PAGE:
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Available Light Portrait

Iceland photo workshop 2016


I love shooting portraits with available light rather than flash. Even on a bright sunny day when the sun is shining and the lighting isn’t appropriate for a portrait you can find pools of light, which are. Provided you’re using your 1st Building Block of Photography of course!

Light will make or break an image so it’s crucial you look around you and find light that works for the subject you’re shooting.  It took me a very long time to understand this when I was learning and even longer to learn how to see light and match it to my subject matter.

When shooting a portrait always go for great light over expression or location because Light is king. 

“But what do I do when it’s strong bright sunshine?” I hear you ask. “I watched your videos about good light but I’ve only got the next couple of hours and can’t wait for the light (or weather) to change.”

This is where your Brilliant Brain (which is my 1st  of the 7 Building Blocks of Photography has to get to work. If you look around you can pretty much always find a pool of light which will work for a portrait. Even on a bright sunny day when the sun’s high in the sky.

But there are other things to watch out for as well. Strong sunlight causes deep shadows and bright highlights and our eyes can see detail in both. But a camera cannot and it’s vital to always remember this. Cameras ‘see’ light differently to us because our eyes have a huge dynamic range.

We can see detail in both bright and dark areas because our eyes feed hundreds of images per second to the occipital lobe of our brains, which then makes a kind of HDR image out of them so we can see all the details.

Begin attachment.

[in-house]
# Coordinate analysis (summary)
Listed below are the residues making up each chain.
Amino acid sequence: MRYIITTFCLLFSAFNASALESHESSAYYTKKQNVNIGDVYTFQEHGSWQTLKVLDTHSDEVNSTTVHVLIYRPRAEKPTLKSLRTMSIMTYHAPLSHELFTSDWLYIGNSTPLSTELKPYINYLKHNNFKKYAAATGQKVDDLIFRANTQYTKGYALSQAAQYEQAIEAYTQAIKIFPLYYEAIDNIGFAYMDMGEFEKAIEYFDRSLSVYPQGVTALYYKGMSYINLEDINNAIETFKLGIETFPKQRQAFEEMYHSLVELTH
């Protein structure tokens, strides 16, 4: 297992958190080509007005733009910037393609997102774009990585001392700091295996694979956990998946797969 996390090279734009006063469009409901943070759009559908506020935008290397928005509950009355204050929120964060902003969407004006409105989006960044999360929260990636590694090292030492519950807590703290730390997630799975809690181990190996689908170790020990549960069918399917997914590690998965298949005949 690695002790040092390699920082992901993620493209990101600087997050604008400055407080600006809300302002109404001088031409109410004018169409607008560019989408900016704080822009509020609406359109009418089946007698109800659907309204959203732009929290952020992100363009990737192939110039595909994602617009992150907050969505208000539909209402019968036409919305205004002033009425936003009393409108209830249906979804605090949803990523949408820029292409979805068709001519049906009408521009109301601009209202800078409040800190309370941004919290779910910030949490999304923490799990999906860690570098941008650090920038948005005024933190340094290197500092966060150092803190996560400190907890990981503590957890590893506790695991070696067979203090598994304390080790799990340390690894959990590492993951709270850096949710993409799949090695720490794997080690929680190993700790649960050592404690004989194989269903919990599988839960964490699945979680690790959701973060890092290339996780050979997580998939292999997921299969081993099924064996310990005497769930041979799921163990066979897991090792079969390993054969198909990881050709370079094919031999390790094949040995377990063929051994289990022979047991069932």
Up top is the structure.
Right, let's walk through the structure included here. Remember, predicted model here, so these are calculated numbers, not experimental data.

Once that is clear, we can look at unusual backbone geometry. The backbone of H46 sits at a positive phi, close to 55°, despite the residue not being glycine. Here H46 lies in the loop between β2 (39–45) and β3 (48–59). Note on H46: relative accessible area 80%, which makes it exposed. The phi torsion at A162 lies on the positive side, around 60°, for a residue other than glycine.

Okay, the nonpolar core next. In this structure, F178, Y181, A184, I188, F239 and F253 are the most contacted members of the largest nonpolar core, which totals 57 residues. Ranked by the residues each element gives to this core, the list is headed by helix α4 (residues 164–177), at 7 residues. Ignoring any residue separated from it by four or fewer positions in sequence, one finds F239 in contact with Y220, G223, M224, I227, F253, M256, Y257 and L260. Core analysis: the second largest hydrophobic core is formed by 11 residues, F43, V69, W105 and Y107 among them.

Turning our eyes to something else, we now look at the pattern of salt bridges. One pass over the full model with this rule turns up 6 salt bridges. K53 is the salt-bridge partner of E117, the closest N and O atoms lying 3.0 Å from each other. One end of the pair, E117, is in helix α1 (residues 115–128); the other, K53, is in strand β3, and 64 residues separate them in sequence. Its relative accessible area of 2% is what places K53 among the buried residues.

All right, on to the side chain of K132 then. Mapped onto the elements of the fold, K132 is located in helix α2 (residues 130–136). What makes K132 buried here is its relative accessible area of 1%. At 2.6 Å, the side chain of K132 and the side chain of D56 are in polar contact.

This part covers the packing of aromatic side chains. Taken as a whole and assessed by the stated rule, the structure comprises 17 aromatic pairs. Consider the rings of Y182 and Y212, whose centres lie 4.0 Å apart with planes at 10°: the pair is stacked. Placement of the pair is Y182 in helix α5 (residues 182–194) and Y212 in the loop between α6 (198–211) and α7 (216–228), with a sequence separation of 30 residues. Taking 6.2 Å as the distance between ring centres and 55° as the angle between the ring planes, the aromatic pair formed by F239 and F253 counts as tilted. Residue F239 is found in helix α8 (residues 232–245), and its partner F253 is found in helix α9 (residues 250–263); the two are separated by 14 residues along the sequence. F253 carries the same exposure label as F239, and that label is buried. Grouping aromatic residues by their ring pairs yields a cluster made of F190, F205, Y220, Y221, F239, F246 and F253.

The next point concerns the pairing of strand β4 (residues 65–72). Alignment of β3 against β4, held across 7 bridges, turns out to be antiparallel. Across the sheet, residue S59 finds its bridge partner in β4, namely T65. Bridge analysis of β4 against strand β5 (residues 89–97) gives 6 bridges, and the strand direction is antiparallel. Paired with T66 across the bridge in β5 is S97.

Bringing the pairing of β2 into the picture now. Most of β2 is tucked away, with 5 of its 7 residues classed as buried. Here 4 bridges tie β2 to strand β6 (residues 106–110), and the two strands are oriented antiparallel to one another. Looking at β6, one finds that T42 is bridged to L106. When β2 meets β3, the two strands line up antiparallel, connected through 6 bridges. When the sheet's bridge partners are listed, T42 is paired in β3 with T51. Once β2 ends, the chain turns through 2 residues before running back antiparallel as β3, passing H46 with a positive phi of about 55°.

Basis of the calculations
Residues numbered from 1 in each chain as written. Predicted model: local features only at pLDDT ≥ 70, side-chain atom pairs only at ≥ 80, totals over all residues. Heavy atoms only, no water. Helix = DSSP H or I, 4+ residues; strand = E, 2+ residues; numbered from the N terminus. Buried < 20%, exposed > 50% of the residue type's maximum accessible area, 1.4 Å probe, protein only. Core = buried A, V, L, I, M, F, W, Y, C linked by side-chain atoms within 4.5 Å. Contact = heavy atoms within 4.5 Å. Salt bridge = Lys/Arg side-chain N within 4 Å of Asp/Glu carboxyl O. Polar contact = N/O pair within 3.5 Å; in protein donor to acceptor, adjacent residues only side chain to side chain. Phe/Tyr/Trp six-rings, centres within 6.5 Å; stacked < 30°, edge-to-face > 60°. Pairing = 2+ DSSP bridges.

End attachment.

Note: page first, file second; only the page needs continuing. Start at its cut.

If you don’t believe me, get someone to stand in front of a bright window and take a photo of them. You’ll either be able to see them and the outside is burnt out or it’ll be the other way around. Yet with your eyes you can see both.

So when you do find a nice pool of light that’s perfect for a portrait you’ll have to think carefully about your exposure. This often means ignoring your camera’s light meter because cameras get it wrong in situations like this.

You have to adjust exposure so you can see details of the person in the composition and letting highlights blow out. I personally love this look though many purists will tell you it’s bad and wrong.

It’s not bad or wrong; it just means they don’t like it!

If you're struggling with the idea of ignoring your camera's light meter or don't know how to do the things I mentioned, my Ultimate Beginners Course is where you need to go to learn how.  I know I promote my 7 Blocks a lot, but if you don't understand what I've just said clearly, you're not ready for it yet so I don't want you to buy it yet.

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